Using a legitimate application to hide malware is not a new phenomenon. One of the latest campaigns involves a cryptocurrency trading application rebranded under several names. Using names such as Cointrazer, Cupatrade, Licatrade, and Trezarus, the Kattana cryptocurrency trading application has been repurposed for nefarious purposes such as stealing browser cookies, cryptocurrency wallets, and screen captures. The company behind the legitimate application published a warning about lures to downloading the trojanized application. The threat actors behind the campaign have set up copycat websites to make their applications look legitimate. The websites contain a ZIP archive which wraps the trojanized program. Researchers analyzed the Licatrade malware and found it straightforward. Other samples have the same basic functionality. Last-modified dates on the files seem to indicate the campaigns started on or around that date, April 15, 2020. The malware sends a simple report to a C2 server over HTTP and connects to a remote host via TCP which provides a remote shell to the attacker. Persistence is accomplished via Launch Agent. Reverse shells are connected through different ports dependent on how the shells were started. The TCP connections stay open and await further commands. In the analysis, operators manually inspected the machine after a period of time, which the researchers were able to observe. If a compromised system is deemed interesting, exfiltration begins by compressing files and uploading them to another server over HTTP.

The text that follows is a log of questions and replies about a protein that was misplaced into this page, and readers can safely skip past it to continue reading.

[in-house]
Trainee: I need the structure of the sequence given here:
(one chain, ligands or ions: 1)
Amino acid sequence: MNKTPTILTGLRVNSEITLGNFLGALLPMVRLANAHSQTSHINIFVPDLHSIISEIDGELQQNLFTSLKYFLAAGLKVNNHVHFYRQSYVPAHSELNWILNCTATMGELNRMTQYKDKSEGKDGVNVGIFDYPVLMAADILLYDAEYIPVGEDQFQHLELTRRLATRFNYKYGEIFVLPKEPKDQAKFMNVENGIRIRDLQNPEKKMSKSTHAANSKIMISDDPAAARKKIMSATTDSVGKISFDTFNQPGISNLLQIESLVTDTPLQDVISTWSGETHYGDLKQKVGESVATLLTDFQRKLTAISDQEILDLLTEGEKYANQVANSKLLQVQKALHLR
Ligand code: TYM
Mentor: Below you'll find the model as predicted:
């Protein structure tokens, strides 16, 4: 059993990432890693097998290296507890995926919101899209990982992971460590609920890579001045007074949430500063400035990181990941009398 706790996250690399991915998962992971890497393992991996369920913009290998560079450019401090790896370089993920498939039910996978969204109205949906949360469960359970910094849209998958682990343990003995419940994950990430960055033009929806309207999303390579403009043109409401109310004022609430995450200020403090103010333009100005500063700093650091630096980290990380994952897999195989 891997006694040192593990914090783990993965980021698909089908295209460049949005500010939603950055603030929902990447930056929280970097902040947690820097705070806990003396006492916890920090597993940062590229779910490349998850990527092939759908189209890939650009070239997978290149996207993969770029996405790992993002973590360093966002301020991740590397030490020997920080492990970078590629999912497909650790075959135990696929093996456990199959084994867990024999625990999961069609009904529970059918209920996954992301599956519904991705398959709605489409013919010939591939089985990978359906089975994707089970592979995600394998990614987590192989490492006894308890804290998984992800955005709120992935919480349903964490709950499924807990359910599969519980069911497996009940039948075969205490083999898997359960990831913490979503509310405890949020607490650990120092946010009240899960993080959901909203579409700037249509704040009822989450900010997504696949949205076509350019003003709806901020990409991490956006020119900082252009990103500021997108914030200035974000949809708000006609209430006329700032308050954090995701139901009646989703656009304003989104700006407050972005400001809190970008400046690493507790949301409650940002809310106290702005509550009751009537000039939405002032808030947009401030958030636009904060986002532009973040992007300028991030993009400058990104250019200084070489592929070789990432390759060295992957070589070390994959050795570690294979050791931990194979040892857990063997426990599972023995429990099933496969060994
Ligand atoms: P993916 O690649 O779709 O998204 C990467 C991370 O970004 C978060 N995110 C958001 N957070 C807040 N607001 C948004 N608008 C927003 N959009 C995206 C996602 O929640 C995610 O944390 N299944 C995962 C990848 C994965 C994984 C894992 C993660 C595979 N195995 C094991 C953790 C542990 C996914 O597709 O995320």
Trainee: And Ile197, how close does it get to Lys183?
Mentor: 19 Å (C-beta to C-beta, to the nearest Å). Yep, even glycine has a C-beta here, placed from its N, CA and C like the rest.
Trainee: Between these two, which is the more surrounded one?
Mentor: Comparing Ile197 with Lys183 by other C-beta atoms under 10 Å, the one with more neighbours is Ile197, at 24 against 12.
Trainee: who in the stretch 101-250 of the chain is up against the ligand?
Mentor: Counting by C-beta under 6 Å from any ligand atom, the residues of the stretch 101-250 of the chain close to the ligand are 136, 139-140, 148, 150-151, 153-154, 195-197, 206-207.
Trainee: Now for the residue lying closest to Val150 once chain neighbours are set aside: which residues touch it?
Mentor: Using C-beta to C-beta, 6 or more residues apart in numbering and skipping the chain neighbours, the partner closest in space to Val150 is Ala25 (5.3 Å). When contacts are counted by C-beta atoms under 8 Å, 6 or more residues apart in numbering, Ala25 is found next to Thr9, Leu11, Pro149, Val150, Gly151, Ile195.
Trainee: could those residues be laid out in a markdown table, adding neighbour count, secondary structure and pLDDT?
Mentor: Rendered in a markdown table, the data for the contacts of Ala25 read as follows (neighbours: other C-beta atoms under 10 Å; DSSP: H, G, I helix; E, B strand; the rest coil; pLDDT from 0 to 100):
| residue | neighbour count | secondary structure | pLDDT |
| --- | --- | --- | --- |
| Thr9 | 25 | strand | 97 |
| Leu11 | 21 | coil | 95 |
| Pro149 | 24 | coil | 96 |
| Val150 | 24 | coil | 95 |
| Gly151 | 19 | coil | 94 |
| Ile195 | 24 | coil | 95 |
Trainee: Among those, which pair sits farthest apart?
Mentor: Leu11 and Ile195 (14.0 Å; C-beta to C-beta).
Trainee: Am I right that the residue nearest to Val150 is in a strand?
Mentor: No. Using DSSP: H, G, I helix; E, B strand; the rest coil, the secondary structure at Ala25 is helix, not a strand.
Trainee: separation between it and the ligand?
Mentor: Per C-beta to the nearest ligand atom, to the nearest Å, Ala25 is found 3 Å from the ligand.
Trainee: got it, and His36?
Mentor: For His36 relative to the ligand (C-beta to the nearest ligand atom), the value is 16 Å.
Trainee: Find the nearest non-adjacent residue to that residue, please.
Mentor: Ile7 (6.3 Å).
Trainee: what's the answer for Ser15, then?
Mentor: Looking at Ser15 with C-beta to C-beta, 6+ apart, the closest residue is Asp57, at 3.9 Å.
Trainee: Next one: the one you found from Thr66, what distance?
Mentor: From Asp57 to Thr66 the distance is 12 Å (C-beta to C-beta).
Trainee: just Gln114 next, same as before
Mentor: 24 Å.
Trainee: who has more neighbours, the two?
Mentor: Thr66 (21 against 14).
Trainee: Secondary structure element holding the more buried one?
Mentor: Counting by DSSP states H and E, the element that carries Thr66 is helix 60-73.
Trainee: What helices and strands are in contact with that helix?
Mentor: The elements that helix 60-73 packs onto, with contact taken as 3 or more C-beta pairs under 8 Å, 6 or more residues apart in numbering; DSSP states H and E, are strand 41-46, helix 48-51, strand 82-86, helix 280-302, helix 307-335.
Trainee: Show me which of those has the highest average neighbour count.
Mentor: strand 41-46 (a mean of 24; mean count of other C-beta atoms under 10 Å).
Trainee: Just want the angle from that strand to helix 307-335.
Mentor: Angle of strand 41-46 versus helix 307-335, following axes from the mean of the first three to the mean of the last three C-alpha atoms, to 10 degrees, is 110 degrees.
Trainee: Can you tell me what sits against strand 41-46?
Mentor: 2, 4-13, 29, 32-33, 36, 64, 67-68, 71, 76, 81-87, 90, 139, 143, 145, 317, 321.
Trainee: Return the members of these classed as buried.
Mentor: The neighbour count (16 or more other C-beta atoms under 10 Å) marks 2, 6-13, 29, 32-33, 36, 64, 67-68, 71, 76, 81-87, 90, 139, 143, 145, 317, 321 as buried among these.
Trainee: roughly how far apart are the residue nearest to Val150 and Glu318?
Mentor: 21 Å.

Exposure of sensitive data